Sexually Transmitted Diseases, STDs
STD stands for sexually transmitted disease. As the name implies, these are illnesses contracted by sexually contact. Sexual contact includes vaginal and anal intercourse, mutual masturbation and oral sex. The following is a list of common STD’s along with their symptoms, diagnosis and treatment:
Gonorrhea – This disease is caused by the bacterium Neisseria gonorrhoeae. It most commonly has no symptoms at all. Sometimes a foul yellowish green colored discharge may be present. The diagnosis is made by culture or DNA detection techniques. It is treated with antibiotics. If untreated, gonorrhea may develop into pelvic inflammatory disease and subsequent infertility or ectopic pregnancy, or may even infect joints, such as the knee. Partners should be treated.
Chlamydia – This disease is caused by a bacterium called Chlamydia trachomatis. Most commonly there are no symptoms at all but it may present with a yellowish green discharge. The diagnosis is made by DNA probe assay, polymerase chain reaction, or culture. It is treated by using antibiotics. Partners should be treated.
Trichomonas– Trichomonas vaginalis is the protozoan organism that causes this disease. The classic symptoms include frothy light green vaginal discharge and itching. Occasionally, there may be abdominal discomfort. The diagnosis is usually made by visualizing the organism on a slide prepared from a sample of vaginal fluid. It is usually treated with an antibiotic called Flagyl. Partners should be treated.
Herpes – The herpes simplex virus (HSV) is responsible for this STD. The primary outbreak is characterized by a cluster of blisters accompanied by severe pain, but many people may not have symptoms. The diagnosis confirmed by culture or DNA detection techniques if a lesion is present, although antibodies may be detected in the blood if a lesion isn’t present. Once you contract this virus, you will have it for life, but many people do not have many recurrences. The treatment goal in herpes is to decrease the frequency and duration of outbreaks. This is achieved using various forms of antiviral medications. Partners should be notified.
Human Papilloma Virus (HPV) – This virus may present as genital warts or cervical dysplasia (abnormal cells on the Pap smear), and some strains are known to cause cervical cancer. Genital warts are diagnosed by clinical exam and/or biopsy, and they may be destroyed by applying a destructive agent to the visible wart or cervix. Strains of HPV can result in the development of dysplasia of the cervix, or cervical cancer in the worst cases. None of these viruses can be eradicated once contracted, but parts of the cervix affected by cervical cancer or precancer can be removed if the disease is detected early, which can prevent cervical cancer from developing or spreading. The HPV vaccine can prevent patients from contracting some of the most dangerous strains of HPV.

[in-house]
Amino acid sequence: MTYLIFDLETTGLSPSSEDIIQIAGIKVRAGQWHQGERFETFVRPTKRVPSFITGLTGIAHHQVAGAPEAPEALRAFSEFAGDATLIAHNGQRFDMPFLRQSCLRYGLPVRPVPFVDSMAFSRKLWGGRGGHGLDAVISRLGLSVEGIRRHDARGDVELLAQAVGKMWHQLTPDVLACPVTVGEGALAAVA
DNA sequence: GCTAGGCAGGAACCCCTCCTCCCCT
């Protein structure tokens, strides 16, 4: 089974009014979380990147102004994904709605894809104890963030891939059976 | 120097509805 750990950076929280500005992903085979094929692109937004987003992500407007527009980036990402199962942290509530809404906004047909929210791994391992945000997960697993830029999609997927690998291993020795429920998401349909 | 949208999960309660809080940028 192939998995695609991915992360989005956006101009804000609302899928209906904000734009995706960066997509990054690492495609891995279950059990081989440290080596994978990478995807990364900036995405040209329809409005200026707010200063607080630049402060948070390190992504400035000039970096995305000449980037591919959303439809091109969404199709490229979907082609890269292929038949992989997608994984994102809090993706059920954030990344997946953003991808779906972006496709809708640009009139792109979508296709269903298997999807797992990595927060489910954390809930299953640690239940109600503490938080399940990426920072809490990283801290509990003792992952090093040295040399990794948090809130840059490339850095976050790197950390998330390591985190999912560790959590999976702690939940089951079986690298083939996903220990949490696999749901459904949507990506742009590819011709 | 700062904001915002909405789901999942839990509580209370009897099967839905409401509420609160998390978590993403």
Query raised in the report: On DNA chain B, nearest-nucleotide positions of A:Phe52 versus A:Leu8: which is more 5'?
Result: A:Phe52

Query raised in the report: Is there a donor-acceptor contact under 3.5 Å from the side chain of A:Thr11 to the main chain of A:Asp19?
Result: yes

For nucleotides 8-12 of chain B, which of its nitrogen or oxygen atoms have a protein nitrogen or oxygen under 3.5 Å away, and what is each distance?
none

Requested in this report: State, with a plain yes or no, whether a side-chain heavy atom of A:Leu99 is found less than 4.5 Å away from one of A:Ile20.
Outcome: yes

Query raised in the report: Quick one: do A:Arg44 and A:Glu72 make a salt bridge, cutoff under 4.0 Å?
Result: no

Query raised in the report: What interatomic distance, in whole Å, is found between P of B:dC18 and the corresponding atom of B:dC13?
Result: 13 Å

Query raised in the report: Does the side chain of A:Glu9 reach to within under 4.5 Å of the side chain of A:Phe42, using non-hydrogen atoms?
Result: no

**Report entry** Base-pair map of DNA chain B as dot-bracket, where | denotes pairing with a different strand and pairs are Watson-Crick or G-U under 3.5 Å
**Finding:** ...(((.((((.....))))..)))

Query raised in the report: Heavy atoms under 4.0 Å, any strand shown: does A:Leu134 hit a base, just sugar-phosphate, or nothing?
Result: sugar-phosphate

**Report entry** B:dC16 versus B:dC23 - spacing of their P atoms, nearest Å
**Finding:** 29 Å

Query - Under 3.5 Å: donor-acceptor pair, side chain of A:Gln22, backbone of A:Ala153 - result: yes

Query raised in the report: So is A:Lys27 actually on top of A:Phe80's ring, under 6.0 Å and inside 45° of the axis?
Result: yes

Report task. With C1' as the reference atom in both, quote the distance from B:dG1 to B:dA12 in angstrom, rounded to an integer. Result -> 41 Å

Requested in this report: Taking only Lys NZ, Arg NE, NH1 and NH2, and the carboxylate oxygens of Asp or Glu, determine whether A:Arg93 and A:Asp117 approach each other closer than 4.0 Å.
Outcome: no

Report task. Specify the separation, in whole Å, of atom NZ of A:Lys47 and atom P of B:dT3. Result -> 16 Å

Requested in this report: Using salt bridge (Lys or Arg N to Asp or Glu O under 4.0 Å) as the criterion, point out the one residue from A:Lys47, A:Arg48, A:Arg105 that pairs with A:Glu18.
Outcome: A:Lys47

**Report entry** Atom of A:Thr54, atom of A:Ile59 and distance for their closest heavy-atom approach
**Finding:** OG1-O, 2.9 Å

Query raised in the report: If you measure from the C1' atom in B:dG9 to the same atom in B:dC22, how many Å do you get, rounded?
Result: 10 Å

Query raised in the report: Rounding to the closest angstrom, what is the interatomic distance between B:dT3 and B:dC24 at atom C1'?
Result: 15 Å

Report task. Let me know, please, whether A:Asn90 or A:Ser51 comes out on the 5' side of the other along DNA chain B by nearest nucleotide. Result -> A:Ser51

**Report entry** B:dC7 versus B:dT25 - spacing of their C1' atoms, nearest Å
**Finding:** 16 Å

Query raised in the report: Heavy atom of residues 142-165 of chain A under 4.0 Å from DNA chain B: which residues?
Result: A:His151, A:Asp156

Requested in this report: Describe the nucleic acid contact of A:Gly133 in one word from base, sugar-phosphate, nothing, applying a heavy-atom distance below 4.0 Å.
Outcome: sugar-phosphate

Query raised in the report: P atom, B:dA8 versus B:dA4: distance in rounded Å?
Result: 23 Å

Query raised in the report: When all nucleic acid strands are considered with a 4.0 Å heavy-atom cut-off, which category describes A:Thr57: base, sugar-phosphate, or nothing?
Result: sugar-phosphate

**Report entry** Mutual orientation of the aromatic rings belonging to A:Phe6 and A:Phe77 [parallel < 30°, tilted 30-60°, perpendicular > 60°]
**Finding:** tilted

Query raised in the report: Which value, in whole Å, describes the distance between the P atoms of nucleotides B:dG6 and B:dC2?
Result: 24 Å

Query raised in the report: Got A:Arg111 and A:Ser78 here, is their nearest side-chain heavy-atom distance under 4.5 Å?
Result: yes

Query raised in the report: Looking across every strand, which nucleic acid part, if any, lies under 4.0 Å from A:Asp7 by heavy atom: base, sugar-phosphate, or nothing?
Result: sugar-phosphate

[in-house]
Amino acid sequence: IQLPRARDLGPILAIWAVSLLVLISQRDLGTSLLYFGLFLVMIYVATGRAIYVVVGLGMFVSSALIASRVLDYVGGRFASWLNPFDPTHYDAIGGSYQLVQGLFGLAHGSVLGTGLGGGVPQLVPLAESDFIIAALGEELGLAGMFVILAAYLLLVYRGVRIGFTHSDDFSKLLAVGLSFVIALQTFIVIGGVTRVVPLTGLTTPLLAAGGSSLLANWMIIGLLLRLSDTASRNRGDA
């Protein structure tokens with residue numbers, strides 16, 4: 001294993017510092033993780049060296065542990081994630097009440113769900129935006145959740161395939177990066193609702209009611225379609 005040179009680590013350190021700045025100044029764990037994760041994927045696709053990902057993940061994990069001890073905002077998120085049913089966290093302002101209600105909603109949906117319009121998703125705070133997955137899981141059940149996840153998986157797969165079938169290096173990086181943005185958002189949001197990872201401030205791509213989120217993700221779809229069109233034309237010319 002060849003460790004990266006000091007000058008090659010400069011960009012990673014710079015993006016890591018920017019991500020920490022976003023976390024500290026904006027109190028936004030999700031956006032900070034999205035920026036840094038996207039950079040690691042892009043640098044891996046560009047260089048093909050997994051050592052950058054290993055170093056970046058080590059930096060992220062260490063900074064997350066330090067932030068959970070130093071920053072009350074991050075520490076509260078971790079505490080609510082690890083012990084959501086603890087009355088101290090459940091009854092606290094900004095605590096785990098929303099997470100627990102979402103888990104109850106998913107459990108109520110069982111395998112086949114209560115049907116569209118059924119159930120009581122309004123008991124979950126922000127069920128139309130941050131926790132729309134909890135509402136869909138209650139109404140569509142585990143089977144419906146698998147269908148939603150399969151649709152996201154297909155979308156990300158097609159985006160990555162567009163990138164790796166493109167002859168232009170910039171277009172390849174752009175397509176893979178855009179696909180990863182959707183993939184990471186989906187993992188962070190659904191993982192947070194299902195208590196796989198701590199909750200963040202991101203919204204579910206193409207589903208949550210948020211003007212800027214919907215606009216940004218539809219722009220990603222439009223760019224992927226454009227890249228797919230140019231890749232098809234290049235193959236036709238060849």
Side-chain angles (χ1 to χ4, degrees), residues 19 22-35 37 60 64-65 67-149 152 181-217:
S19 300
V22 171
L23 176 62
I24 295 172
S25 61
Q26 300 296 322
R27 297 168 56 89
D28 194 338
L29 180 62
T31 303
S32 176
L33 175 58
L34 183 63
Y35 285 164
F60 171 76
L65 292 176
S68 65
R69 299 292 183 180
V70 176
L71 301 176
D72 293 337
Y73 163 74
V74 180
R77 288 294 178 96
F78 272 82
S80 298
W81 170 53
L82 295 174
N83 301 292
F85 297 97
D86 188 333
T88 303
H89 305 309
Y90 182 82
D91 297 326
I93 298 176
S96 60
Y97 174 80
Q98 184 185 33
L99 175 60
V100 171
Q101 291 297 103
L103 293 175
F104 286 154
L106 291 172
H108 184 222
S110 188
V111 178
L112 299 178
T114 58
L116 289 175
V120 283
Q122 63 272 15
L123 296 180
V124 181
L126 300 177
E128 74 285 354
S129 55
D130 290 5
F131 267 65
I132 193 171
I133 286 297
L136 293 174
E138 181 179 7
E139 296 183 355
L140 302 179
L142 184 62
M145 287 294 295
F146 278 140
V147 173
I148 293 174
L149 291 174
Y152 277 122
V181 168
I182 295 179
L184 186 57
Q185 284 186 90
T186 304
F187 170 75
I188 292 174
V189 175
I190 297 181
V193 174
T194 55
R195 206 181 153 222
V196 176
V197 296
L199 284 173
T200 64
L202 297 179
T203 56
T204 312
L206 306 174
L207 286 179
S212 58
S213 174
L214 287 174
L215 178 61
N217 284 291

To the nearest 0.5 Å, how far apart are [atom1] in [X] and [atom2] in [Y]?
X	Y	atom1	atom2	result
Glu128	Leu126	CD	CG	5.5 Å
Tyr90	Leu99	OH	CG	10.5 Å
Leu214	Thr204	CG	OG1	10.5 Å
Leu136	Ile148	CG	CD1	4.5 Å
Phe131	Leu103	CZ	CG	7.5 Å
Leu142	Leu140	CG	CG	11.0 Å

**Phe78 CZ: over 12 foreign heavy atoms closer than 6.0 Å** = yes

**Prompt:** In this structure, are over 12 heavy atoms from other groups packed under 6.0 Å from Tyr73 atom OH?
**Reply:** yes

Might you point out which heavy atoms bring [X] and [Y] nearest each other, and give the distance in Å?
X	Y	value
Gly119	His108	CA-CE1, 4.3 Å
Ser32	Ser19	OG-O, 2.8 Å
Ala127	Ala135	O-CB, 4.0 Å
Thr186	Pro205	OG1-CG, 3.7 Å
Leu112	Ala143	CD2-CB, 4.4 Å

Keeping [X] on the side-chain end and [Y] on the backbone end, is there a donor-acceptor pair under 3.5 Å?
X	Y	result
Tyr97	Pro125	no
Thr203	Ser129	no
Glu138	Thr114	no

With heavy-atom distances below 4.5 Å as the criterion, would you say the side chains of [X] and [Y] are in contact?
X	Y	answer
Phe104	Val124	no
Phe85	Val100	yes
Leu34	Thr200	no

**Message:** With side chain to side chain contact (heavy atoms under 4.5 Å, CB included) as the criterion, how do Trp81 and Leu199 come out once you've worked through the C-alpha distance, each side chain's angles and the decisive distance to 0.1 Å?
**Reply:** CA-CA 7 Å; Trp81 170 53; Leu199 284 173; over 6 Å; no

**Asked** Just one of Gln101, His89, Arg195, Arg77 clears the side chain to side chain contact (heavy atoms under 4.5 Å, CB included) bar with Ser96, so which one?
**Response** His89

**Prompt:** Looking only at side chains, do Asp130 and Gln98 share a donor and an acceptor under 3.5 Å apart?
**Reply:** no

Human Immunodeficiency Virus (HIV) – This virus can be acquired by sexual contact, blood contact, or be passed from a pregnant woman to her baby. This disease may remain silent for many years before showing symptoms. The diagnosis is usually made by detecting antibodies in a blood sample. Due to a delay in the development of antibodies, the HIV antibody test should be repeated 3 to 6 months after the initial screening, if recent exposure is suspected. Signs may vary greatly but are all related to suppression of the immune system. These may include cervical dysplasia, enlarged lymph nodes, pneumonia or Kaposi’s sarcoma, to name few. There is no cure for HIV. However, the incidence of transmission from mother to baby may be dramatically decreased with medication treatment during pregnancy and labor. Partners should be notified.
Syphilis – An organism called Treponema pallidum causes syphilis. The initial presenting sign is a painless ulcer. The patient can later develop a rash or neurological problems. Diagnosis is made by blood testing. The mainstay of treatment is penicillin. This disease can be passed on from mother to child. For this reason, all women are screened during pregnancy. Partners should be notified and treated.
What is PID?
Pelvic Inflammatory Disease (PID) refers to an infection of the uterus, fallopian tubes, and ovaries. This infection leads to inflammation and scarring that may affect any or all of these female organs. PID is one of the most serious complications of sexually transmitted diseases. Women at risk to contract PID often have multiple sexual partners, are not using contraception, have menstrual periods, and live in an area where the diagnosis is frequently made. The most common bacteria that cause PID are gonorrhea and chlamydia. The most common symptoms are abdominal pain and foul smelling discharge. This illness is treated with antibiotics. If the condition is severe enough it may require IV antibiotics, hospitalization and surgery. Some possible long-term effects of PID include tubal (ectopic) pregnancy, infertility and chronic pelvic pain from scar tissue.